According to a recent study by the University of Pennsylvania School of Medicine’s Ross Koppel, Ph.D., automated prescription systems can increase the risk of medication errors. Koppel’s findings were the result of a two-year study at a 705-bed urban teaching hospital. Researchers surveyed staff members, including nurses, physicians, pharmacists and IT staff on their use of the computerized physician order entry (CPOE) system. Problems with the system included CPOE displays that blocked a coherent view of patients’ medications, pharmacy inventory displays that were mistaken for dosage guidelines and rigid ordering formats that caused incorrect orders.
The healthcare industry has championed specially designed software systems such as CPOEs as the cornerstone of improved patient safety. Koppel, however, believes this to be a false hope. “Good CPOE systems are, indeed, very helpful and hold great promise,” he told the UPenn Press, “but, as currently configured, there are at least two dozen ways in which CPOE systems significantly, frequently and commonly facilitate errors.”
Koppel grouped the 22 common errors into two main categories: information errors and human-machine interface flaws. Information errors result from fragmentation of data and information, or when there is a failure to fully integrate a hospital’s multiple computer and information systems. An example of these errors is when a physician orders an incorrect drug dosage due to a misunderstanding of the CPOE display.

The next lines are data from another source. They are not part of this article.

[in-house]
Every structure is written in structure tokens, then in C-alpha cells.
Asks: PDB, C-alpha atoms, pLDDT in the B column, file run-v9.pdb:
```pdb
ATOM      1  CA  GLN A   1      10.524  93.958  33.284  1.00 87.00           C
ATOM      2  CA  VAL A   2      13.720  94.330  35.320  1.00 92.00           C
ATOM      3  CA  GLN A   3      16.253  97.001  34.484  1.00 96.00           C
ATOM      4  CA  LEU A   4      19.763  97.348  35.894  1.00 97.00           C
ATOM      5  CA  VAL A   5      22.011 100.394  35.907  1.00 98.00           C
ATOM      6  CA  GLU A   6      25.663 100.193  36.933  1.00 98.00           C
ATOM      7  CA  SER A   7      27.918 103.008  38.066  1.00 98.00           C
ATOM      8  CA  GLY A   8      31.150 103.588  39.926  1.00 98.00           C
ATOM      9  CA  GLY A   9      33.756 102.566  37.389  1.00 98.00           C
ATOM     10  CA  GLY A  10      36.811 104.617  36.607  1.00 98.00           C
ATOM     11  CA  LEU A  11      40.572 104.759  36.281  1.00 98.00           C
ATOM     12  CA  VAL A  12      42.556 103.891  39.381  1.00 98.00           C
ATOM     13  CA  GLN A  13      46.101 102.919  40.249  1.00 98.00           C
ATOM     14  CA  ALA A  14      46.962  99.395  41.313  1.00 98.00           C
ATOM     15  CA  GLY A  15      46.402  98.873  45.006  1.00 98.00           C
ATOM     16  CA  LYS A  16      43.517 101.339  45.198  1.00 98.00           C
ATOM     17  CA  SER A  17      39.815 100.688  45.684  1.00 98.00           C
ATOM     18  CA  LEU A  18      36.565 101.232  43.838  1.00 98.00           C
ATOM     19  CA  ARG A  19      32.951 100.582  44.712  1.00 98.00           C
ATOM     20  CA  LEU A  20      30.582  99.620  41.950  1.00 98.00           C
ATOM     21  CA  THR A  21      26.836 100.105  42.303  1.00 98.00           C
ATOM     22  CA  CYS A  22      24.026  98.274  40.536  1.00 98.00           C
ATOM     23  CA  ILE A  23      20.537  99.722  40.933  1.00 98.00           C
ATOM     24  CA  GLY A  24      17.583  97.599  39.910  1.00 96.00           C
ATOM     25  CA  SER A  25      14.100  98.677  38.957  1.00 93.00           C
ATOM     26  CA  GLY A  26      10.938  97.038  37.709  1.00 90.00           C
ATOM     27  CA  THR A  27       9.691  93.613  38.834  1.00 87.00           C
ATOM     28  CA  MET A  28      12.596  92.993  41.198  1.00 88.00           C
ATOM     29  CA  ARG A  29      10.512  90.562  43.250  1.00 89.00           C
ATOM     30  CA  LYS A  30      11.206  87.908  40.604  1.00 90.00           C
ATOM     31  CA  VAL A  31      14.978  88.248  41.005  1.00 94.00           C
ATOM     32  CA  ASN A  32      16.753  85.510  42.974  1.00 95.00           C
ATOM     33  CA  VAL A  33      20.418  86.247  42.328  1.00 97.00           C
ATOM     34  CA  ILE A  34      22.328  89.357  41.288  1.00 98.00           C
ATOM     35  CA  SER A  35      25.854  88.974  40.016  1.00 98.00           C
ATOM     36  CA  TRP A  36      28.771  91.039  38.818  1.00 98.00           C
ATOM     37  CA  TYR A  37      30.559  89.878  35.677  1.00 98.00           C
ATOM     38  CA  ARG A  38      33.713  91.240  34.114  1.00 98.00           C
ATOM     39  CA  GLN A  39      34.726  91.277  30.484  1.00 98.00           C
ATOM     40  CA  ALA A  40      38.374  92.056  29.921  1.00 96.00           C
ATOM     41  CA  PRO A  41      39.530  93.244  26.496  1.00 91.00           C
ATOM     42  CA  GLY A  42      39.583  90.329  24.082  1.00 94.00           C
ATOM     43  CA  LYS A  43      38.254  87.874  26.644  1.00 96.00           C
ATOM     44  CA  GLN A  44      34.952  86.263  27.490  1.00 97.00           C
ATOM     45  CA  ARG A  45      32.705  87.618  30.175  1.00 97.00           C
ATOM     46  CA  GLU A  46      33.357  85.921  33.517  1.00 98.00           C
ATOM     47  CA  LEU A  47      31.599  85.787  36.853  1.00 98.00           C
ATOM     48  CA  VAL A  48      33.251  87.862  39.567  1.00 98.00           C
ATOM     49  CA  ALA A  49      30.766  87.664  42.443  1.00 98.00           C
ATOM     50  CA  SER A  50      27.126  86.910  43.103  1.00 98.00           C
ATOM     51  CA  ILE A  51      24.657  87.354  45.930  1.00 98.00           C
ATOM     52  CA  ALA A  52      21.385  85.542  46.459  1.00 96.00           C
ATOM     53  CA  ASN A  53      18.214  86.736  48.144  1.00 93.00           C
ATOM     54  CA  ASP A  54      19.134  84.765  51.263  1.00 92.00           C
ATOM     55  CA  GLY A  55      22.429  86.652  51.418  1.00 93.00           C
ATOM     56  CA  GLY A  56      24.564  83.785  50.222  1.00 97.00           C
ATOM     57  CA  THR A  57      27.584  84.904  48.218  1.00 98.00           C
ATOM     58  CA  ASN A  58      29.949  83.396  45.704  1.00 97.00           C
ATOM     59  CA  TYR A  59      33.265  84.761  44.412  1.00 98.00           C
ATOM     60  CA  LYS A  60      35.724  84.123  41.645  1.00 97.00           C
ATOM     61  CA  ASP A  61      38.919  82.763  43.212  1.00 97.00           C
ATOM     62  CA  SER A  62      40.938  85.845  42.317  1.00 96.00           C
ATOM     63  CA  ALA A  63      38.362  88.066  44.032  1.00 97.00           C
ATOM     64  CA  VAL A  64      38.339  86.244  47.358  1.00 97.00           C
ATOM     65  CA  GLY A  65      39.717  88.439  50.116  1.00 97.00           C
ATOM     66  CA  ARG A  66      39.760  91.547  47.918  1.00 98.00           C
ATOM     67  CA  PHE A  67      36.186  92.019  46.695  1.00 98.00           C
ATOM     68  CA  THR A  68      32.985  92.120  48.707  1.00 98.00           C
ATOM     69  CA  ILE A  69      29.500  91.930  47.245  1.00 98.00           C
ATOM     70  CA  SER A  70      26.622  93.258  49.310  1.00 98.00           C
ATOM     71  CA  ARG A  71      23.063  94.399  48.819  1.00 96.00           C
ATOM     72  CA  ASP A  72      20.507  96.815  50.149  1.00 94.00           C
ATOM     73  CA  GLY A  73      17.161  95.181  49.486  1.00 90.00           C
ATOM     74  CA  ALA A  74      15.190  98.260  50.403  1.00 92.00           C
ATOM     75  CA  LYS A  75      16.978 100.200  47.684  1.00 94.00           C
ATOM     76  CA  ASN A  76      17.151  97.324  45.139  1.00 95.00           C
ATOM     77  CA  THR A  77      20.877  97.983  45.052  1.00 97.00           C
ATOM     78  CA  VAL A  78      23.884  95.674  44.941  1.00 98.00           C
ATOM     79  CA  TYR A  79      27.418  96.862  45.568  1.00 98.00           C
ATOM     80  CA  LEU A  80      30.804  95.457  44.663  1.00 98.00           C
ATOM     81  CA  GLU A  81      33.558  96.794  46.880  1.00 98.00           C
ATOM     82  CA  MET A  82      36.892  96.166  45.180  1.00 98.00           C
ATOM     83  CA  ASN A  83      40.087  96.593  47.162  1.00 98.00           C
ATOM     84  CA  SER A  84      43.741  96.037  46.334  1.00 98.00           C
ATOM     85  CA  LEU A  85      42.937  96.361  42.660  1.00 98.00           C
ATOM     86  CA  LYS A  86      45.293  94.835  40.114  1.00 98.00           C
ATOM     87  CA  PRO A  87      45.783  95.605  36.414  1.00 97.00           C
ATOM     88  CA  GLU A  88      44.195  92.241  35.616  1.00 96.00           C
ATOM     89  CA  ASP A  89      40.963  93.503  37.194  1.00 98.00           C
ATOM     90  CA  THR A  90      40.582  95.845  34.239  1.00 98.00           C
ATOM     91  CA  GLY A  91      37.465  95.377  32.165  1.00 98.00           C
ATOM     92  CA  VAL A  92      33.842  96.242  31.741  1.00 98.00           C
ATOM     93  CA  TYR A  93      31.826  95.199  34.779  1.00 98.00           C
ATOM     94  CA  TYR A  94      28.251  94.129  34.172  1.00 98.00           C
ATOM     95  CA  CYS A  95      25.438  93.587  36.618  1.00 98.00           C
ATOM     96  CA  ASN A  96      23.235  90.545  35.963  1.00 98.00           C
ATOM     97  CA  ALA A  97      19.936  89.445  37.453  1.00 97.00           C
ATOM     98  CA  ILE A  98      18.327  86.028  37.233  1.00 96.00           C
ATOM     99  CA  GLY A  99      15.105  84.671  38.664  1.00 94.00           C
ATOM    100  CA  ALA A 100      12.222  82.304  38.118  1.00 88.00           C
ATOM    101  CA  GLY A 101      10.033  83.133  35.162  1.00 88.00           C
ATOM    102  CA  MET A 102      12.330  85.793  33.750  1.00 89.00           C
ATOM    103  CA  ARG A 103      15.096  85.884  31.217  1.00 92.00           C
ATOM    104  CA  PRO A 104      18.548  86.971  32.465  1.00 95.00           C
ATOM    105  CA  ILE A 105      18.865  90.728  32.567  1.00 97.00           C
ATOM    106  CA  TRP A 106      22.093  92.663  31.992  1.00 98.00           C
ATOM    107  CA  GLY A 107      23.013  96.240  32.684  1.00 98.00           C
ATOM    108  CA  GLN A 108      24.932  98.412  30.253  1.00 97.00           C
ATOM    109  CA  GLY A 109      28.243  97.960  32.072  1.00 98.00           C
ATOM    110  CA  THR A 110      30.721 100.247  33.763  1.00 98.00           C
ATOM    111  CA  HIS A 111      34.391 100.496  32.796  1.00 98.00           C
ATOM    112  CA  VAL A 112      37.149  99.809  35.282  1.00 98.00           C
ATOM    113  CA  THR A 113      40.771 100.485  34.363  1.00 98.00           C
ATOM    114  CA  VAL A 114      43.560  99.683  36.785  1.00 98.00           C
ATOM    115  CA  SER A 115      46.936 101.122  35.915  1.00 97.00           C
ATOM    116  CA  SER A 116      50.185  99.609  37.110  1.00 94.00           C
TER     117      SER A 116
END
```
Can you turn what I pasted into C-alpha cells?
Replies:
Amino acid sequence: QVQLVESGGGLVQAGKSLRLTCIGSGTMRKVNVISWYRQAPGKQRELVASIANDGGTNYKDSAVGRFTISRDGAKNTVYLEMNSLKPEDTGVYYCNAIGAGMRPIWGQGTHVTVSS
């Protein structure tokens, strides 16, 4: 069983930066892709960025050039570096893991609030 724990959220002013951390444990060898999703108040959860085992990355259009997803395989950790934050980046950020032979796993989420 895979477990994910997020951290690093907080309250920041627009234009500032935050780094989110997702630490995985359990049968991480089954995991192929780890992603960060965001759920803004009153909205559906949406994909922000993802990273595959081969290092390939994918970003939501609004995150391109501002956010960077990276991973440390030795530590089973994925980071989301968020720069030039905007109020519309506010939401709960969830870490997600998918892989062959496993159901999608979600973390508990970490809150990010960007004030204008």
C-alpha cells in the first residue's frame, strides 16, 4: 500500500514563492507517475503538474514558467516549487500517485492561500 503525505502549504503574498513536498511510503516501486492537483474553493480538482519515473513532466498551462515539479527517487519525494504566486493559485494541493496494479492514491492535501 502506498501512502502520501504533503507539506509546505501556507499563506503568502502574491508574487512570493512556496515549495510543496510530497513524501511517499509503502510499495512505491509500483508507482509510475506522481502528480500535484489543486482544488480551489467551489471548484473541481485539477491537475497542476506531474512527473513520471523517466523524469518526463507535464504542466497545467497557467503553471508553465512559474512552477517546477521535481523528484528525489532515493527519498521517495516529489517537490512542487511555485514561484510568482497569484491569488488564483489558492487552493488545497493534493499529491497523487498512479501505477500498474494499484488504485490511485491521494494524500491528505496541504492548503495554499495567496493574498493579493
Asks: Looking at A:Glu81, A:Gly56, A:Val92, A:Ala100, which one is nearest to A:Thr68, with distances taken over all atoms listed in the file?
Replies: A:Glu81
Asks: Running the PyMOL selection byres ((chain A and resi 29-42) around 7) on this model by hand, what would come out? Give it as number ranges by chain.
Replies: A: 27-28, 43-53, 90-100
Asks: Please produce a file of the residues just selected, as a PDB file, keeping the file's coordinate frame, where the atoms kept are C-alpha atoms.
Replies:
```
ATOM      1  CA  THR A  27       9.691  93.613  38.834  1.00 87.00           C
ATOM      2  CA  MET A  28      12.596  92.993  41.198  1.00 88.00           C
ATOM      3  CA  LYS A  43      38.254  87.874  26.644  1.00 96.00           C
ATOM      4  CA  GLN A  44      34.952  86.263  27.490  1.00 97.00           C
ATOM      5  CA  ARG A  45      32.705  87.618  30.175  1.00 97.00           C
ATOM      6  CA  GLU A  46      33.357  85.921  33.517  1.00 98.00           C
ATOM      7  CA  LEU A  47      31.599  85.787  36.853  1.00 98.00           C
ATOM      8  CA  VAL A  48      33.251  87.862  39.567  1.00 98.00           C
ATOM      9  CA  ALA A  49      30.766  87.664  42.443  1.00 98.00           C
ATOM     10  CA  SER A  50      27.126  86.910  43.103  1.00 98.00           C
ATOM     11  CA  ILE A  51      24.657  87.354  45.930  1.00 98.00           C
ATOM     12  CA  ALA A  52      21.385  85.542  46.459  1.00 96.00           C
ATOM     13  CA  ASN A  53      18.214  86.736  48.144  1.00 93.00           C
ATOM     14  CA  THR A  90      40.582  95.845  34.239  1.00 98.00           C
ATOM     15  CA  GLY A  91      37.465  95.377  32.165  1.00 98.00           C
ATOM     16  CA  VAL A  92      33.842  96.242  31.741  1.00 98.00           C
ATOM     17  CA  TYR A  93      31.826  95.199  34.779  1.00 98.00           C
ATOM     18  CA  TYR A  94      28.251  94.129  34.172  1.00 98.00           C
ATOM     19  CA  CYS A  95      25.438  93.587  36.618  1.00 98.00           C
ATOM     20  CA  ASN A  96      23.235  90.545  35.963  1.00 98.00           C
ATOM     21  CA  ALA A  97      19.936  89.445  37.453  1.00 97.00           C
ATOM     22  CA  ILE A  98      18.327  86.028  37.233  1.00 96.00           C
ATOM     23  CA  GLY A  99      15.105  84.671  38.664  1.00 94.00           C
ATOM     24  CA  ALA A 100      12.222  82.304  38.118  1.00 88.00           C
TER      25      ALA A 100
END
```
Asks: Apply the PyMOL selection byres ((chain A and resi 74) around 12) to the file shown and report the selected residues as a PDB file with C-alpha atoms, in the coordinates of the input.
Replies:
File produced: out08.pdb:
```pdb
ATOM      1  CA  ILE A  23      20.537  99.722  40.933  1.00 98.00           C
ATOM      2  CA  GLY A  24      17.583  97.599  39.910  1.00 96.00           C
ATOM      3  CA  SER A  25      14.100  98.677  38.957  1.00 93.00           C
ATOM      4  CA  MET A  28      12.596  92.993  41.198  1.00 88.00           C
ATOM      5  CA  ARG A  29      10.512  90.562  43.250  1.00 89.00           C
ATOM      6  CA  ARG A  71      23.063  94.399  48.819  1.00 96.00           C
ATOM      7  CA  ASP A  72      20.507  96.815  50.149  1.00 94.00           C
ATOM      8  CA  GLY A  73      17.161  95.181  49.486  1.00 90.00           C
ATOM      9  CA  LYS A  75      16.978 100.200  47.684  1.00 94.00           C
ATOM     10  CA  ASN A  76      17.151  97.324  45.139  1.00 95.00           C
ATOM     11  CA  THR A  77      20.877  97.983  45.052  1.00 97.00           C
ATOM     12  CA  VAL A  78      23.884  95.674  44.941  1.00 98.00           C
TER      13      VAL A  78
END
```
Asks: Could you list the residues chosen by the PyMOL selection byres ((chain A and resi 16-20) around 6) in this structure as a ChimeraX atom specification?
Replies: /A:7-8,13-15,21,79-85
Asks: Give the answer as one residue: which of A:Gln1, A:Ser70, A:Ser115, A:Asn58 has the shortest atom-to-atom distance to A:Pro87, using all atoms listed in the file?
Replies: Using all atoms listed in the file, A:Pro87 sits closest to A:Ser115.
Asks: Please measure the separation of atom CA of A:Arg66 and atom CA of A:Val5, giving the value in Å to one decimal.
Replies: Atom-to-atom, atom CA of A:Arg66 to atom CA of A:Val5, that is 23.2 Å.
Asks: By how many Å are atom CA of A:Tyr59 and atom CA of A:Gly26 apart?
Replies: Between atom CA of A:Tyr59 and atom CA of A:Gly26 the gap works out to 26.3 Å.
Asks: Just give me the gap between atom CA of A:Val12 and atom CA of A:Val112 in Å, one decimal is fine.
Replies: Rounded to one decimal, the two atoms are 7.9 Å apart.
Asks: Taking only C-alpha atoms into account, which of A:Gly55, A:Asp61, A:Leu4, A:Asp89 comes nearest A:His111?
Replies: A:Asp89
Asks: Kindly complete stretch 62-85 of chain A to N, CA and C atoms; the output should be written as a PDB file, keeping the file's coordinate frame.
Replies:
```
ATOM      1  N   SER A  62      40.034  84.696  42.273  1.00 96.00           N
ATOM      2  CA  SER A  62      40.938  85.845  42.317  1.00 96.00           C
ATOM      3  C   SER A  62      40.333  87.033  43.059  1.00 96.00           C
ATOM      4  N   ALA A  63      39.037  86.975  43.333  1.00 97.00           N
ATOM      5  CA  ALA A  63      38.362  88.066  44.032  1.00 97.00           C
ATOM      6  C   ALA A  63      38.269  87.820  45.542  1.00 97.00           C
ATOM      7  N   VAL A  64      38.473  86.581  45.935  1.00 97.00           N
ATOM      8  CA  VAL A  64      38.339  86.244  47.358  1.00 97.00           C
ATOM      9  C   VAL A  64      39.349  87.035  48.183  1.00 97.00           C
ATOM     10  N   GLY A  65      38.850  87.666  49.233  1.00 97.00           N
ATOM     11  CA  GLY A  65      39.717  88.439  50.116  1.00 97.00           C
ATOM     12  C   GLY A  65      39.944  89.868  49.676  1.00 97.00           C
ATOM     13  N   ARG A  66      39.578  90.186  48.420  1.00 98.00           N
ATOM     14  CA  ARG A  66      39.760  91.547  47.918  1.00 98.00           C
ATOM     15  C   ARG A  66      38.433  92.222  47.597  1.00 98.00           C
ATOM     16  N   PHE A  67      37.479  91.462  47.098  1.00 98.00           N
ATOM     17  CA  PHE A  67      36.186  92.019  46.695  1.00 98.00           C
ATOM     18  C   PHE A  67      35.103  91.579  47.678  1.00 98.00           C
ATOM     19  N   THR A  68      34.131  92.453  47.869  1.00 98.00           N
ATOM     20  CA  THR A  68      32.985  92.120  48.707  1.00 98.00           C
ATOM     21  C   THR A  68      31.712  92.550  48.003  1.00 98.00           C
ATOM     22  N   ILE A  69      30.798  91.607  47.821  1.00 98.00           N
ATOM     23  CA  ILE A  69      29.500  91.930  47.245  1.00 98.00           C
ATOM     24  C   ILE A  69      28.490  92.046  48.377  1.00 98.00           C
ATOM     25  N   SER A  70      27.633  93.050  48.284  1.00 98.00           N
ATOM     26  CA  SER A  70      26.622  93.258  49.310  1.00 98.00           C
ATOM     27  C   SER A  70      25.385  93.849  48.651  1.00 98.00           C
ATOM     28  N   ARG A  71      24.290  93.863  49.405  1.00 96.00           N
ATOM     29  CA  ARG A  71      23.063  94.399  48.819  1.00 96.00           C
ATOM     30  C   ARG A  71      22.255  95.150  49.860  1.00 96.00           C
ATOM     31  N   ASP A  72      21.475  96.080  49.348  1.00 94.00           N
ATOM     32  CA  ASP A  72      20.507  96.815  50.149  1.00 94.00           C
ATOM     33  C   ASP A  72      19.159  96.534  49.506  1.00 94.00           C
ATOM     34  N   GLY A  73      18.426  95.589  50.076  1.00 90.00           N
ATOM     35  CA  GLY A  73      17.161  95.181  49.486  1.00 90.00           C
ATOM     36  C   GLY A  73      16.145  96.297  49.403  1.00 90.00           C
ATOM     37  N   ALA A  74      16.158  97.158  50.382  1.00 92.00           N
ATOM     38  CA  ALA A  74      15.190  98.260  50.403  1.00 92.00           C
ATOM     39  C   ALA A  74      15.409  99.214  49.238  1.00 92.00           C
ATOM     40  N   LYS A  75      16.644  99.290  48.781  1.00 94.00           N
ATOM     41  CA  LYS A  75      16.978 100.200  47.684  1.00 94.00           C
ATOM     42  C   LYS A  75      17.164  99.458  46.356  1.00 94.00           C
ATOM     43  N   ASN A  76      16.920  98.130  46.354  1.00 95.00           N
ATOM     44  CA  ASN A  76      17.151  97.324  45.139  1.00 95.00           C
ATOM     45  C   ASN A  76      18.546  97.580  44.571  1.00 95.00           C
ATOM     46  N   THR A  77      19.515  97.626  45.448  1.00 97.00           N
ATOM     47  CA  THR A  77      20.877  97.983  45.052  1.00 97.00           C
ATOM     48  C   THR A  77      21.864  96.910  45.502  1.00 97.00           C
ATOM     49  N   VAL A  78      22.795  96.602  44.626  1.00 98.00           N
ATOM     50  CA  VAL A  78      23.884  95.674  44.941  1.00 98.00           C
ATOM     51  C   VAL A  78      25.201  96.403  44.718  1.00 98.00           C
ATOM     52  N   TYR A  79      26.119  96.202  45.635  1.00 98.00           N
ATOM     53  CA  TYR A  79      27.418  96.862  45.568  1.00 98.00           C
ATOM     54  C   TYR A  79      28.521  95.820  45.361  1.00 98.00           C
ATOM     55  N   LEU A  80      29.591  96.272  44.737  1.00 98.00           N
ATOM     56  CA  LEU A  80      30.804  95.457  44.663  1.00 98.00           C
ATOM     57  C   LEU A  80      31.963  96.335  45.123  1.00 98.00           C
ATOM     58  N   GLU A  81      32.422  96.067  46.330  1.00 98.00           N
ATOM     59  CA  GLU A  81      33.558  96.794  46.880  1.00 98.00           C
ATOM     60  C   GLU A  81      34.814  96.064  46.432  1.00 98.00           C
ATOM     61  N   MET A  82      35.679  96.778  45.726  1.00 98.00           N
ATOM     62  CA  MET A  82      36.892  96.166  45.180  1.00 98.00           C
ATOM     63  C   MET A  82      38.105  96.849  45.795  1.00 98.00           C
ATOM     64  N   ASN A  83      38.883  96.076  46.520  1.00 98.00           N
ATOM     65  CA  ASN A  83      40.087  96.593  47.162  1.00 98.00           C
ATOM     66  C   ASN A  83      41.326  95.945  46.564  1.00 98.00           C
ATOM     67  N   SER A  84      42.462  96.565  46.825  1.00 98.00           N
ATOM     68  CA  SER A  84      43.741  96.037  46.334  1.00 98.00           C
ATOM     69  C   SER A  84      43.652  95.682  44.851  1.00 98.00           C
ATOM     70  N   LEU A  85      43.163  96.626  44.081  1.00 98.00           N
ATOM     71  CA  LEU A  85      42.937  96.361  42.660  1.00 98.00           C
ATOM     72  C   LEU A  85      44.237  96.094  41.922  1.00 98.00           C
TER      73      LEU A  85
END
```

Human-machine interface flaws reflect machine rules that do not correspond to work flow or usual behaviors. For example, within the CPOE system studied, up to 20 screens might be needed to view all of one patient’s medications—a lot to scroll through if you’re looking for possible interactions.
The study cites that many CPOE systems don’t take into account how physicians actually work in a hospital and are created for an idealized setting where doctors work in a quiet environment and have time to carefully select orders.
The study suggests that application designers begin to “understand that their programs need to seamlessly integrate into an institutional context, one that operates 24/7, under great stress and with a constantly changing set of people, policies and practices.”